I travel a lot. I’ve been to 49 states, nearly all of them on business. I’ve rented cars in all of these markets, which has given me a chance to sample sports radio everywhere: California and the Northeast, the South and the Midwest. Thanks to the internet you can do the same now via streaming. Most people aren’t going to go out of their way to do that, except to follow distant team coverage. Having listened to so many different sports talk stations, I can give you one complete immutable fact about them.
THEY ALL SUCK.
The programming is disposable and predictable. The talent is largely marginal. It’s the low hanging fruit of media. There really isn’t much difference from one station to the next. Listeners may latch onto one or two hosts because of their style, or listen to a particular station mostly because it’s a team’s flagship. 95.7 The Game launched with the idea that it was the A’s flagship, but would give thorough coverage to all of the Bay Area’s teams.
Jason Barrett came in as the program director shortly after the station’s launch in 2011. Not surprisingly, the New Yorker brought in a New York host, Brandon Tierney. That didn’t go over so well – with A’s fans especially. Some worked well for a small but loyal audience, like The Rise Guys until they were unceremoniously canned, or Damon Bruce most recently. Chris Townsend has been the one constant on the station, taking numerous time slot changes like a pro that he is. If the maxim of radio is know your audience, Barrett didn’t. He brought an East Coast sensitivity to the Bay Area under orders from an East Coast corporate parent, and it showed.
I don’t think it’s possible to make truly good sports talk. It is possible to make sports talk that sucks less. One way to reach that not-so-lofty goal is to hire hosts that really know the local teams. When a guy doesn’t know much about a team’s history or players it’s glaring. It gives one more reason for a listener to change the station. For whatever reason Barrett wasn’t terribly concerned about that, figuring that outside talent had a natural learning curve and would adapt quickly. That brought at best mixed results. Even bringing in guys with a clear specialty and without broad sports knowledge can be dangerous, as we saw with Ric Bucher (basketball) and now John Middlekauff, whose discomfort level rises when venturing outside football.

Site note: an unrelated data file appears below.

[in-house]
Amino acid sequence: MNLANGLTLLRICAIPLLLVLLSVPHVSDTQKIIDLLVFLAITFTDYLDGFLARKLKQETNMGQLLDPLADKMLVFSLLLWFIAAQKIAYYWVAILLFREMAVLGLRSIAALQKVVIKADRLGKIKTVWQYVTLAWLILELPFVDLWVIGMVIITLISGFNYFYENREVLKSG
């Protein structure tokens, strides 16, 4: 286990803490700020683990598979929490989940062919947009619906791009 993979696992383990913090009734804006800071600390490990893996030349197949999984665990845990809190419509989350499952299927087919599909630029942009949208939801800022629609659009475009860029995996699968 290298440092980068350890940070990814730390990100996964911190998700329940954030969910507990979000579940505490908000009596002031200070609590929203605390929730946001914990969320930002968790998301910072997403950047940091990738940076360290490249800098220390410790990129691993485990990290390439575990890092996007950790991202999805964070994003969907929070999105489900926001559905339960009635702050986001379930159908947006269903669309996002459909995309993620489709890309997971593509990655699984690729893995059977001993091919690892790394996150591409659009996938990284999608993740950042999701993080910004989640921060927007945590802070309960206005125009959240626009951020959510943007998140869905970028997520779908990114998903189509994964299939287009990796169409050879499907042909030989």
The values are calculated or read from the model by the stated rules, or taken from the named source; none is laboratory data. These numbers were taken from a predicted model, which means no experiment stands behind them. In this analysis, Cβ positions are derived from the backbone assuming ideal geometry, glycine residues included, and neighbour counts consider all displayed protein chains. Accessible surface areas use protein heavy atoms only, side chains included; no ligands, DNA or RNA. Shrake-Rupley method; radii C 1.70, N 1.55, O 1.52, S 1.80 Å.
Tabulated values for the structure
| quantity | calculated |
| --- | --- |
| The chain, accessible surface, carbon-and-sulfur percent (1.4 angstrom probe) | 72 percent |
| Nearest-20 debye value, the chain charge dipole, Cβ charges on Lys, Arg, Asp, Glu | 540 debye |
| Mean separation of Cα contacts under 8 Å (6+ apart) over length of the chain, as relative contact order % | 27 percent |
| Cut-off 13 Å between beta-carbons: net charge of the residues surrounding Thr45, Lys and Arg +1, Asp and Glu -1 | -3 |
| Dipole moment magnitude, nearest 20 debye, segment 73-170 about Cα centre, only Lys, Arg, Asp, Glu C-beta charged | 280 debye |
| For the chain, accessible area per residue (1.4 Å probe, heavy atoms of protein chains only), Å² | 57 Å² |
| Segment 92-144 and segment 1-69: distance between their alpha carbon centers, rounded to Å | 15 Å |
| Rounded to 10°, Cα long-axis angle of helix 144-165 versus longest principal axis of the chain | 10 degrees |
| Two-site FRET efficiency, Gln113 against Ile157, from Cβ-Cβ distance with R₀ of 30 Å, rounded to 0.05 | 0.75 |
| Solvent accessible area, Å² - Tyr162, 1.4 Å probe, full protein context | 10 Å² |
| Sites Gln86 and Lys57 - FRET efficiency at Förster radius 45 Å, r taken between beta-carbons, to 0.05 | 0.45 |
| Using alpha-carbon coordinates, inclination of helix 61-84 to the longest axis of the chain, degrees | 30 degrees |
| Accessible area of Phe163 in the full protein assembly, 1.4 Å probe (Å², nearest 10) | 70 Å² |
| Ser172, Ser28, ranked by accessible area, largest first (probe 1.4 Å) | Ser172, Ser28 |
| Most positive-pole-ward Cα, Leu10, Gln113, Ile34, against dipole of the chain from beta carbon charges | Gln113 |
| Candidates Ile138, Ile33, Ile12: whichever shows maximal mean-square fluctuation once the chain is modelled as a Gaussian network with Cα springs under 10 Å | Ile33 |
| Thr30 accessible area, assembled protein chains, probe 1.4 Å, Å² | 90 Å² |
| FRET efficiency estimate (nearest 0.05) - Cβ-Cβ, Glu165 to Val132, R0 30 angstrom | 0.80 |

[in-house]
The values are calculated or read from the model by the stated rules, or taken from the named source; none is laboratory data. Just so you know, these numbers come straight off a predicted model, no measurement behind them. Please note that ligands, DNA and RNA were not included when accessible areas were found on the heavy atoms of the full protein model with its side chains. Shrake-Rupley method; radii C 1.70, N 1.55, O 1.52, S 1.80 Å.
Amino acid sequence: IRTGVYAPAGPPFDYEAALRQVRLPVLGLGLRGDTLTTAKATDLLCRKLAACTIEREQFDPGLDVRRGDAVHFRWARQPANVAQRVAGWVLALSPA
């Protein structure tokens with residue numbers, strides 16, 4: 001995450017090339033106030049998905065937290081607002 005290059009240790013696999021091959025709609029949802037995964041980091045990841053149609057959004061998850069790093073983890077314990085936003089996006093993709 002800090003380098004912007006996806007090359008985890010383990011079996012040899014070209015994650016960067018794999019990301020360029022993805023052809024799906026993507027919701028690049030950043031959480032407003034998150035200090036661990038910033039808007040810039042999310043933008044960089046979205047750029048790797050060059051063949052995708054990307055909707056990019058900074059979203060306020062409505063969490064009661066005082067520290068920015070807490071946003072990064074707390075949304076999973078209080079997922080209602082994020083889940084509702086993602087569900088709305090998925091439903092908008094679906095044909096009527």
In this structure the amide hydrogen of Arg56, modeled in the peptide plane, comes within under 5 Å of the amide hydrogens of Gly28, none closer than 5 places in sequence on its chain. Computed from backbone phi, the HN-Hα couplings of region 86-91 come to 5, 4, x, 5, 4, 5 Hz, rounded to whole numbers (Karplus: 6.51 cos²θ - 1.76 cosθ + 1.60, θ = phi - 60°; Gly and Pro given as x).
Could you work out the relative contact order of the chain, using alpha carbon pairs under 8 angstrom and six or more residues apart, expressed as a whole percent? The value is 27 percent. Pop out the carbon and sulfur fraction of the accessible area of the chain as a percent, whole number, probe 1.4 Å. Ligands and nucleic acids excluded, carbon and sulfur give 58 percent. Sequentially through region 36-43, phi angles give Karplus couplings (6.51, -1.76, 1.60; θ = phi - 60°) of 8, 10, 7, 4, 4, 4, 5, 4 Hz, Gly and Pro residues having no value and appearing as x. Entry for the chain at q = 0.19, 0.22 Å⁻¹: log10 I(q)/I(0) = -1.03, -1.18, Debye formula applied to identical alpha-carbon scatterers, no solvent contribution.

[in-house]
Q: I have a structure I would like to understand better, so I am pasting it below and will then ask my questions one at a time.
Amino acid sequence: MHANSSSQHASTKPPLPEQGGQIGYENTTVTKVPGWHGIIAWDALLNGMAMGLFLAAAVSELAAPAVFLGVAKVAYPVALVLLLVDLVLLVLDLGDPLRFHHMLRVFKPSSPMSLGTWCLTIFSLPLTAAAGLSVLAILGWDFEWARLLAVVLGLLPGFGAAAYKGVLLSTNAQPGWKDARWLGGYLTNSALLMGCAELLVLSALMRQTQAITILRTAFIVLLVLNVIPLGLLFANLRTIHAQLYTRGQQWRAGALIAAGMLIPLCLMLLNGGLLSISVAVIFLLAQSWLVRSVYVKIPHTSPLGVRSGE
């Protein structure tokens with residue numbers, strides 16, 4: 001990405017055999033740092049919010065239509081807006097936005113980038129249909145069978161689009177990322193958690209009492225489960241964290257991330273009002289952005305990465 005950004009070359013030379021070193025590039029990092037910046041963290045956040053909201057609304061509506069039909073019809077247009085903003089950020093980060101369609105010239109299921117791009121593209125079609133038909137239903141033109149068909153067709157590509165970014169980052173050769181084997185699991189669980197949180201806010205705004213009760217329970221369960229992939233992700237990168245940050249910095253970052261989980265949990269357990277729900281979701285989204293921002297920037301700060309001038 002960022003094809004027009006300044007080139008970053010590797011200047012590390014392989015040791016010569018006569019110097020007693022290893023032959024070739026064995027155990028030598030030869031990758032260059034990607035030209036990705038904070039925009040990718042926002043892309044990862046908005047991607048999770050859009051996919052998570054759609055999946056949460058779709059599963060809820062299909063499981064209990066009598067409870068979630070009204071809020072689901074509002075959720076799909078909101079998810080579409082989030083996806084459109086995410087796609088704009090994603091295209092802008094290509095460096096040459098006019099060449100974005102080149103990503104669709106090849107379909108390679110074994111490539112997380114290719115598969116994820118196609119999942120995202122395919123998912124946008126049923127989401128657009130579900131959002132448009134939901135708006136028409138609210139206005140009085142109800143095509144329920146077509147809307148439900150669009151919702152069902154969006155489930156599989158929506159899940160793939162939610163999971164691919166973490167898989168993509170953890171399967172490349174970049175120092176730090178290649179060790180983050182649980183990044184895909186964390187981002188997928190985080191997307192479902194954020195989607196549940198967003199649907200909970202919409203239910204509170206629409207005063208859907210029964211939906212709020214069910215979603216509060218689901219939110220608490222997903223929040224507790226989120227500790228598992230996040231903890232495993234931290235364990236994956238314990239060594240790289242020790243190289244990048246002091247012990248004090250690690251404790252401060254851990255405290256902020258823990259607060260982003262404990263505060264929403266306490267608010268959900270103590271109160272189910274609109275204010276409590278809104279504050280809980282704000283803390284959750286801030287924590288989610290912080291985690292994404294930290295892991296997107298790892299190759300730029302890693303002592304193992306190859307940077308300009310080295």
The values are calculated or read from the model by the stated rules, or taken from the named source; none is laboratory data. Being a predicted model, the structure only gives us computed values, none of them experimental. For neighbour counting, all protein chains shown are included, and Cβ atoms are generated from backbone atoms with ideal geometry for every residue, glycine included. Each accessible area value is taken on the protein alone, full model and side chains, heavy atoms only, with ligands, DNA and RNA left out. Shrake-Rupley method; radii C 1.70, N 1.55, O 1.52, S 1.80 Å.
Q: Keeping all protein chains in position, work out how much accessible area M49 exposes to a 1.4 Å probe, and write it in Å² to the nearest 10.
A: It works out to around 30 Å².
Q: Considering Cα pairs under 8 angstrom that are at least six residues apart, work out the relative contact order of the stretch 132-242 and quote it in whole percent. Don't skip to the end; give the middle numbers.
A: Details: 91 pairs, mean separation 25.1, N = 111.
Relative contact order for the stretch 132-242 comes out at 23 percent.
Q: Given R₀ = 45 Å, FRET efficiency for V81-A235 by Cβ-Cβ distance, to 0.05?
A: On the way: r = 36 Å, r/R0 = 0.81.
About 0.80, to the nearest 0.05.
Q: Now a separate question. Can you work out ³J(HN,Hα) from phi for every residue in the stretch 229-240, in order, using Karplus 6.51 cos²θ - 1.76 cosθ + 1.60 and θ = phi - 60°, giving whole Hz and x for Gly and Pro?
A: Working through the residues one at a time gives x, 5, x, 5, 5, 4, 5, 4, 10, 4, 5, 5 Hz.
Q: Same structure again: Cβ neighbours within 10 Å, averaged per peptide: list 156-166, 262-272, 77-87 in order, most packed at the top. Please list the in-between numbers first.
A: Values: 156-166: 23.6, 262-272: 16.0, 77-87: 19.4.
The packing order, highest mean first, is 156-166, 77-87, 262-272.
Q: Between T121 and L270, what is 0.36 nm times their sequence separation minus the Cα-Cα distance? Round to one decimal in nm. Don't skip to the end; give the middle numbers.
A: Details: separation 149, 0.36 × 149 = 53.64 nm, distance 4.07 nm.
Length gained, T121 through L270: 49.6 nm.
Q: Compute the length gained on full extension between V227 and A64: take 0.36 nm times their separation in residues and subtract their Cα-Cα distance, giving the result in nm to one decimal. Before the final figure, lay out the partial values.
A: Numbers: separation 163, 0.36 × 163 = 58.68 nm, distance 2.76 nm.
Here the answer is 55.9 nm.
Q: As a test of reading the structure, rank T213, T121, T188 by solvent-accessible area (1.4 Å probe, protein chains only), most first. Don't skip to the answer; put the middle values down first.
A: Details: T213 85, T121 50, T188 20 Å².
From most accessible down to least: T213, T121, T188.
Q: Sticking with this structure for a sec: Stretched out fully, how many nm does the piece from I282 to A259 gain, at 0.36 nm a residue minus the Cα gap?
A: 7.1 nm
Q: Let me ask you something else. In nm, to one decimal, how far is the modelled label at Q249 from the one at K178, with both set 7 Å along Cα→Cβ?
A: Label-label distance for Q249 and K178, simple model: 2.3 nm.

Whether it was Barrett or the higher-ups at Entercom, the push to get Giants fans has proven highly divisive to A’s fans, though it has probably led to The Game’s firm 2nd place among the three Bay Area sports radio stations. A’s fans are willing to stomach some amount of Giants talk, but not the beyond-equal-time treatment frequently on display. Though I’ve heard a lot of things about what Barrett did to meter topic time, I don’t have any interest in doing any measurements or protesting loudly. Mostly because of the aforementioned reasons, I simply don’t care that much. Fans can choose to be inundated by coverage in many forms, from traditional beat writers and columnists to bloggers and fan sites to podcasts and live streams. I watch all four major pro sports, multiple college and individual sports, pretty much anything competitive. I don’t worry too much about how well-executed sports radio is, I’m only concerned that the A’s have a proper station. So if the station’s execution improves by having better hosts or a better program director, great. It probably won’t affect might listening much, it might affect yours.
If anything, my criticism is reserved for Entercom’s disinterest in boosting the station’s signal. As a Class B station with less than 7,000 watts of power, the coverage footprint was limited. East Bay coverage could be sparse at times, North Bay coverage a big fade. Maybe Entercom wanted to wait until the station stabilized. Whatever the reason, the signal has left many unsatisfied, though game broadcast availability through MLB apps has helped. There’s no way The Game will ever come close to challenging KNBR-680 without a boost to cover more of the Bay Area.
Then again, maybe second place is good enough. I have a sneaking suspicion that it is. They could go totally cheap by turning automatic and simulcasting ESPN Radio’s shows from Bristol, then supplementing games with pre/post-game coverage. They could boost the signal, get into a real bidding war with 680, and get into a real war with The Leader. Or they could go in generally the same manner as they’ve been going, but with a better PD and more hyperlocal focus. I don’t know that such a move will seriously improve ratings. It would at least reduce the bad PR associated with Barrett.
Barrett’s blog, citing his desire to spend time with family as his reason for leaving
Bay Area’s Sports Guy’s anecdote about meeting with Barrett